All of us have a stake in preserving the religious freedom that is guaranteed by the First Amendment to the Constitution. Whatever our religion or lack thereof, we are all protected by the State keeping its distance from religion. The Founding Fathers knew their history, and they knew that Europe had been torn apart by endless wars between religious sects. They sought to create a nation where people of differing religious beliefs could live in harmony, none dominating the others. For that reason, the First Amendment states that Congress shall make no law establishing a state religion. Religious minorities have flourished (for the most part) because of the protection afforded by separation of church and state.

But now this principle is threatened by a new and powerful ideology of dominionism. This is the tie that binds the evangelicals. 

Although this article focuses on Texas, it has clear national implications. Read it and think “DeVos,” “Trump.” Even devout Christians should fear these influential leaders’ refusal to separate church and state.

“Though it’s seldom mentioned by name, it’s one of the major forces in Texas politics today: dominion theology, or dominionism. What began as a fringe evangelical sect in the 1970s has seen its influence mushroom — so much so that sociologist Sara Diamond has called dominionism “the central unifying ideology for the Christian Right.” (Italics hers.) That’s especially true here in Texas, where dominionist beliefs have, over the last decade, become part and parcel of right-wing politics at the highest levels of government.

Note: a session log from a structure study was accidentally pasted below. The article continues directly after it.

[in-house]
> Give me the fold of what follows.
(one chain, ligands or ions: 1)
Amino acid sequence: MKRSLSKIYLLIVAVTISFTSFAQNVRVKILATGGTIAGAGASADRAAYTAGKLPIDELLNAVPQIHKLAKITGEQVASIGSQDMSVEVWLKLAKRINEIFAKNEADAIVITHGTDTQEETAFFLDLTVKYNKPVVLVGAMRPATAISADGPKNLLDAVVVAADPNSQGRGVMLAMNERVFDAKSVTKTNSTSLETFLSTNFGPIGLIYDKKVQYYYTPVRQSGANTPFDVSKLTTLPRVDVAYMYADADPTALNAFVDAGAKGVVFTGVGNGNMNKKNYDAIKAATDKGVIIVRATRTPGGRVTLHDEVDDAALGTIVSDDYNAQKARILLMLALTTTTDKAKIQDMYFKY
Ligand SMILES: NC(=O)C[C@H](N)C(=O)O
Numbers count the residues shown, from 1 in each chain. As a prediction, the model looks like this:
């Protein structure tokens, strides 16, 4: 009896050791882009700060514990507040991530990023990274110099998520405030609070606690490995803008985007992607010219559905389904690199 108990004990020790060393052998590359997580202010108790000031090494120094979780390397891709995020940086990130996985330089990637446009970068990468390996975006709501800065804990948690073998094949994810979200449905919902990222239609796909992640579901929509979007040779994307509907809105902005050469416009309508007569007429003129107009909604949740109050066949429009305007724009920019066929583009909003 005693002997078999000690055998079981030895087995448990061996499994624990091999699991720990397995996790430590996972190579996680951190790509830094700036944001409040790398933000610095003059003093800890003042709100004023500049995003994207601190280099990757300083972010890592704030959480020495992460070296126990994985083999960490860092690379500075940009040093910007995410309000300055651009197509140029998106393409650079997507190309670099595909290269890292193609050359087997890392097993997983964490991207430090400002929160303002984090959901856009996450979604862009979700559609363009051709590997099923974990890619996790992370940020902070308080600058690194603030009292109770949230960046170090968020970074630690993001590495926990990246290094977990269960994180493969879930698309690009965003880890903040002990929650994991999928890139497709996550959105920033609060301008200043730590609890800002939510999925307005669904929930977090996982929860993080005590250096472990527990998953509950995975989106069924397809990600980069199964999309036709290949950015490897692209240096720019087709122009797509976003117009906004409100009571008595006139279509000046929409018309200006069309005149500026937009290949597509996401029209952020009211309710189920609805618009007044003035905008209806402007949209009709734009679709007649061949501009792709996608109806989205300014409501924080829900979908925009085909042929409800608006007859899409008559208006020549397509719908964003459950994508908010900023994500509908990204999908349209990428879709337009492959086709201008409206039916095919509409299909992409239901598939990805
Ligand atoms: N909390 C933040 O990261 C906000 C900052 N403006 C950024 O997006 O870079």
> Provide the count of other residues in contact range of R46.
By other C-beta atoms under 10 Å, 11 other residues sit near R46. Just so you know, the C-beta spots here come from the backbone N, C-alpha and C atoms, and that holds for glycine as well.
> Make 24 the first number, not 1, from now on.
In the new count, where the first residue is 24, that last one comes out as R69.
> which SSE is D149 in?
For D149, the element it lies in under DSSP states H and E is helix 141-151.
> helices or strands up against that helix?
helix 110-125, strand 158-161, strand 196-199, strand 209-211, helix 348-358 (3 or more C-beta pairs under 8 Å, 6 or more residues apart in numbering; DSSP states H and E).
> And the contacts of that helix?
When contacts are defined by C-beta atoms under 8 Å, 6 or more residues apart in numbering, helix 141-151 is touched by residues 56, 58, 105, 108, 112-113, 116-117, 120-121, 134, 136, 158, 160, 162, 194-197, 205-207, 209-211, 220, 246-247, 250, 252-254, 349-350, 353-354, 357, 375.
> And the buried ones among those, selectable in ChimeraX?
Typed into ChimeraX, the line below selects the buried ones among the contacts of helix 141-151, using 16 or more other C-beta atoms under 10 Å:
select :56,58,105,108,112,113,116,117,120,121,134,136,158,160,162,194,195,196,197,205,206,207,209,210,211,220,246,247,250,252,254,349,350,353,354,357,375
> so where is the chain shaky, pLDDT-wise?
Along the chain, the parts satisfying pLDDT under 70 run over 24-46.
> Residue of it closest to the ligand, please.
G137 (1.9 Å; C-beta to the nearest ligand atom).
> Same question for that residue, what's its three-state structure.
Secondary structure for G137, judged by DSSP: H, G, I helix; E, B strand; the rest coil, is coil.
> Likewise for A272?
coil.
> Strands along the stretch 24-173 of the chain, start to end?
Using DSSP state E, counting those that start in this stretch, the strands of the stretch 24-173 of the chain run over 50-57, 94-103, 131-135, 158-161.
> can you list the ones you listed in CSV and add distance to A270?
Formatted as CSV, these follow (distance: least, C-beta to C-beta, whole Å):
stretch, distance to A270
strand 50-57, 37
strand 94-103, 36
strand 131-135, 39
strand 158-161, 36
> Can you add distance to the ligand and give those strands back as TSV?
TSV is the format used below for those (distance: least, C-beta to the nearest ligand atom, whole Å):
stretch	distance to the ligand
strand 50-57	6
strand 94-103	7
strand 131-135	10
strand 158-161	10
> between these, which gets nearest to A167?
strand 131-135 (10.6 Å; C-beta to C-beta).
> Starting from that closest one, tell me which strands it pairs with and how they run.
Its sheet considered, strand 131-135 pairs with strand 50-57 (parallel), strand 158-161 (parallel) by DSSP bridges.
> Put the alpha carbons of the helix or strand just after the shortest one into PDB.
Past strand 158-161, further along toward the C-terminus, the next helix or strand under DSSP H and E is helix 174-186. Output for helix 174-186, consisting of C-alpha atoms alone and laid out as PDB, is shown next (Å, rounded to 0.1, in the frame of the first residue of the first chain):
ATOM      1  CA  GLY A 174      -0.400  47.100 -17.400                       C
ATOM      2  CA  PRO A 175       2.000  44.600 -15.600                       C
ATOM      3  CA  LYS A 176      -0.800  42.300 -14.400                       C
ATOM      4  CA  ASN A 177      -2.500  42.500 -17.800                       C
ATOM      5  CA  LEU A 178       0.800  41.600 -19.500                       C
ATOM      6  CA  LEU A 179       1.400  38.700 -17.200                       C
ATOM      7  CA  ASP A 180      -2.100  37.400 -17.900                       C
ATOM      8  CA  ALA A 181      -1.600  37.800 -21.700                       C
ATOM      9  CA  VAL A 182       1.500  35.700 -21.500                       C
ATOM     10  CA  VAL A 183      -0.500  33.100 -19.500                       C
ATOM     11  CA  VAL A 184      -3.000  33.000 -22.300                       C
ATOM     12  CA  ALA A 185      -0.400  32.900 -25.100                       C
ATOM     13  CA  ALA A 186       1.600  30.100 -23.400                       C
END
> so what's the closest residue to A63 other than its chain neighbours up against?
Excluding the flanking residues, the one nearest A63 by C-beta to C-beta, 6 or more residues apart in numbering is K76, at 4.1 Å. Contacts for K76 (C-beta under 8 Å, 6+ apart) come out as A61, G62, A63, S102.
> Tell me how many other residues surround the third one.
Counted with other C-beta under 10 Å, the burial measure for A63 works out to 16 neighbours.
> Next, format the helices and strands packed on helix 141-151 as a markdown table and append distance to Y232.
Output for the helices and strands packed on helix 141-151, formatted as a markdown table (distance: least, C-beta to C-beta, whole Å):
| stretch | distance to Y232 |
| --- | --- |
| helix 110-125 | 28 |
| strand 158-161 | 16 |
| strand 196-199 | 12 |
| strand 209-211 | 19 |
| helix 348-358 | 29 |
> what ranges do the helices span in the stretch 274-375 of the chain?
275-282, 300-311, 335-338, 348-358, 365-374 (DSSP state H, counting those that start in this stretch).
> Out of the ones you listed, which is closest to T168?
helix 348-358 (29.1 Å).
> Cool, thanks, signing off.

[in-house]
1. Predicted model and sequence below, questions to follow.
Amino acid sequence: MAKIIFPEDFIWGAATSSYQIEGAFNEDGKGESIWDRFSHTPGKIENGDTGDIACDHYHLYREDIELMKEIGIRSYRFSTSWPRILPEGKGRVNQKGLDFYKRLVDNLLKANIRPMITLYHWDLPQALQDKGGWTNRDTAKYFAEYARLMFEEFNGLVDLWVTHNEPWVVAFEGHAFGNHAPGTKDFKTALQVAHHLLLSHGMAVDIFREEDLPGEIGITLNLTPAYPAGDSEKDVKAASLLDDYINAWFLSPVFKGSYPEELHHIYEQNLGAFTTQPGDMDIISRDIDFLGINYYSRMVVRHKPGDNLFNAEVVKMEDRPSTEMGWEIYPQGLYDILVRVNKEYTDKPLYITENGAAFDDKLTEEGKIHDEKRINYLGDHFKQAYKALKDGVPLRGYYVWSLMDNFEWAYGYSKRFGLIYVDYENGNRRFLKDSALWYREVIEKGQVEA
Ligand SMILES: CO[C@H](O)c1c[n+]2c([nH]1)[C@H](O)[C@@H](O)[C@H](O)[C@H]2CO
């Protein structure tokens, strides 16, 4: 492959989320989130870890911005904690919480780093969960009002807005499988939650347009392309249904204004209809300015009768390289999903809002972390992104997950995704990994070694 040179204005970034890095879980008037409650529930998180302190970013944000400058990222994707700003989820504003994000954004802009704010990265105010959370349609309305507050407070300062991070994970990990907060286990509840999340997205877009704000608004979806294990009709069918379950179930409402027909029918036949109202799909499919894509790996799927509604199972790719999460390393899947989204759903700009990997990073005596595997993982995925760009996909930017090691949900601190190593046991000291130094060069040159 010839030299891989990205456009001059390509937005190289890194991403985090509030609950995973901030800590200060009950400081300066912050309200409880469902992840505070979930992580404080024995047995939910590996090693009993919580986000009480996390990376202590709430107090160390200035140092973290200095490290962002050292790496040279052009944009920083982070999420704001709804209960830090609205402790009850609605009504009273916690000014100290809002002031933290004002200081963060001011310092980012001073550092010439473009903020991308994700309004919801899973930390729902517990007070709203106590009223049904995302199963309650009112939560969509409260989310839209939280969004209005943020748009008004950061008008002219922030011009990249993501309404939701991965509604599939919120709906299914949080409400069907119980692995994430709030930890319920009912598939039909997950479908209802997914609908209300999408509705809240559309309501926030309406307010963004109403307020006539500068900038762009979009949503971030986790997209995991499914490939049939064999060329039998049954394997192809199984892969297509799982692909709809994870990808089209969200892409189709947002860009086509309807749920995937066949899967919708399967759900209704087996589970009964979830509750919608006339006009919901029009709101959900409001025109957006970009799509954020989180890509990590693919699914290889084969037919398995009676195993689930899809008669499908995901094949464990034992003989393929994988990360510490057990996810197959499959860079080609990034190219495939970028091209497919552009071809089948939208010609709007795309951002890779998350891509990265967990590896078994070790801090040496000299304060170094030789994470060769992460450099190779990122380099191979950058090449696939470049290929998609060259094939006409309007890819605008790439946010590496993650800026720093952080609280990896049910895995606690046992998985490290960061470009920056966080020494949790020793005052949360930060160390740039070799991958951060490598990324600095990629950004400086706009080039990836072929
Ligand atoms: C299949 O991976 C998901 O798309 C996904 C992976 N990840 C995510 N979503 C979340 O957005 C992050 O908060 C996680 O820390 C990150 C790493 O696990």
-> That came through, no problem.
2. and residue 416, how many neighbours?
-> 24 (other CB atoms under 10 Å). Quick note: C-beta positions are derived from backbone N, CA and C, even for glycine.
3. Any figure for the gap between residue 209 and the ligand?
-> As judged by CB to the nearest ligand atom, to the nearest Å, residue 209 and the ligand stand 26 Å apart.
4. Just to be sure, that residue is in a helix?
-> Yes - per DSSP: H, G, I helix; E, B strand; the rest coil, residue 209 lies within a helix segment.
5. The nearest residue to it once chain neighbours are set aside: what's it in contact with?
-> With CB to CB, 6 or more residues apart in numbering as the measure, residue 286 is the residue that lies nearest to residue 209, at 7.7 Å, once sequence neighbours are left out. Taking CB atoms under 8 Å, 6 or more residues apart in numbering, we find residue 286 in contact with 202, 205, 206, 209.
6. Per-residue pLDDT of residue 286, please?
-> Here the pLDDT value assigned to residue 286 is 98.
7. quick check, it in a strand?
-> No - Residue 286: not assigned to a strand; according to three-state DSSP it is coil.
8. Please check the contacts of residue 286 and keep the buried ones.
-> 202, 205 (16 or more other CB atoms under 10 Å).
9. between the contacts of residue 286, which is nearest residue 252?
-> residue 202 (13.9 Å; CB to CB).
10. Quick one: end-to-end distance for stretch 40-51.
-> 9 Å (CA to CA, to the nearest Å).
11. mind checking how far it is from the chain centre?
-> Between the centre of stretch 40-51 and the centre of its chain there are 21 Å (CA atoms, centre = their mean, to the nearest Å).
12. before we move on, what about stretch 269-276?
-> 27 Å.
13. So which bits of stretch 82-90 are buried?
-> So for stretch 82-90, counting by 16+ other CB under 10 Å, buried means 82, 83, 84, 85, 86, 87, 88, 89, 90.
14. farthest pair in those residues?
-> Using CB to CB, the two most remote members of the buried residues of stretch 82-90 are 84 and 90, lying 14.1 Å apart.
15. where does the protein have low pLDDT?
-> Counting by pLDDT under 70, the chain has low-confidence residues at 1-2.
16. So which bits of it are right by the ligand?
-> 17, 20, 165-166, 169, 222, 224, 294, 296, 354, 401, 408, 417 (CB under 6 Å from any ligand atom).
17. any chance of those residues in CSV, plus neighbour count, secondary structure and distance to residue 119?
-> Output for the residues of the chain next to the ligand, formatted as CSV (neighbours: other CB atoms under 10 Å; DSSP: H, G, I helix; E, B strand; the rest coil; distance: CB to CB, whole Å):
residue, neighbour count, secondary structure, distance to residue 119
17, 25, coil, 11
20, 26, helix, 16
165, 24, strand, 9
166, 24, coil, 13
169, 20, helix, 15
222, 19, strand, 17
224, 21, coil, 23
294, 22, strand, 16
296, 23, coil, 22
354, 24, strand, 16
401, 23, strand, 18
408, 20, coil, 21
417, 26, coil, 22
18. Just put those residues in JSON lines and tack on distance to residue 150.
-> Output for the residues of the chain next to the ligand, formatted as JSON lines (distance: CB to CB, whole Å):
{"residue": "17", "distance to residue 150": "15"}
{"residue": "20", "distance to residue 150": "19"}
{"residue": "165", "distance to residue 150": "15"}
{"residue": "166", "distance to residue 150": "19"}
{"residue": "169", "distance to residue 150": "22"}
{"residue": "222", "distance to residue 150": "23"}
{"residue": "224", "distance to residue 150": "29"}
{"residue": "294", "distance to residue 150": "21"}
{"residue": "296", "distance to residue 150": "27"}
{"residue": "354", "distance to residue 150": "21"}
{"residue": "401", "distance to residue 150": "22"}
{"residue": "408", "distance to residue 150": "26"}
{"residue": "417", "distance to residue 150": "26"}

“So, what is it? Dominionism fundamentally opposes America’s venerable tradition of church-state separation — in fact, dominionists deny the Founders ever intended that separation in the first place. According to Frederick Clarkson, senior fellow for religious liberty at the non-profit social justice think tank Political Research Associates, dominionists believe that Christians “have a biblical mandate to control all earthly institutions — including government — until the second coming of Jesus.” And that should worry all Texans — Christians and non-Christians alike.

“Dominionism comes in “soft” and “hard” varieties. “Hard” dominionism (sometimes called Christian Reconstructionism), as Clarkson describes it, explicitly seeks to replace secular government, and the U.S. Constitution, with a system based on Old Testament law.

“The father of hard dominionism, the late Presbyterian theologian R.J. Rushdoony, called for his followers to “take back government … and put it in the hands of Christians.”

“Rushdoony’s legacy has been carried on by his son-in-law, Tyler-based economist Gary North, an unapologetic theocrat who in 1982 called for Christians to “get busy in constructing a Bible-based social, political, and religious order which finally denies the religious liberty of the enemies of God.”

Dominionists are so eager to win control that they are willing to use the deeply immoral Trump as their instrument.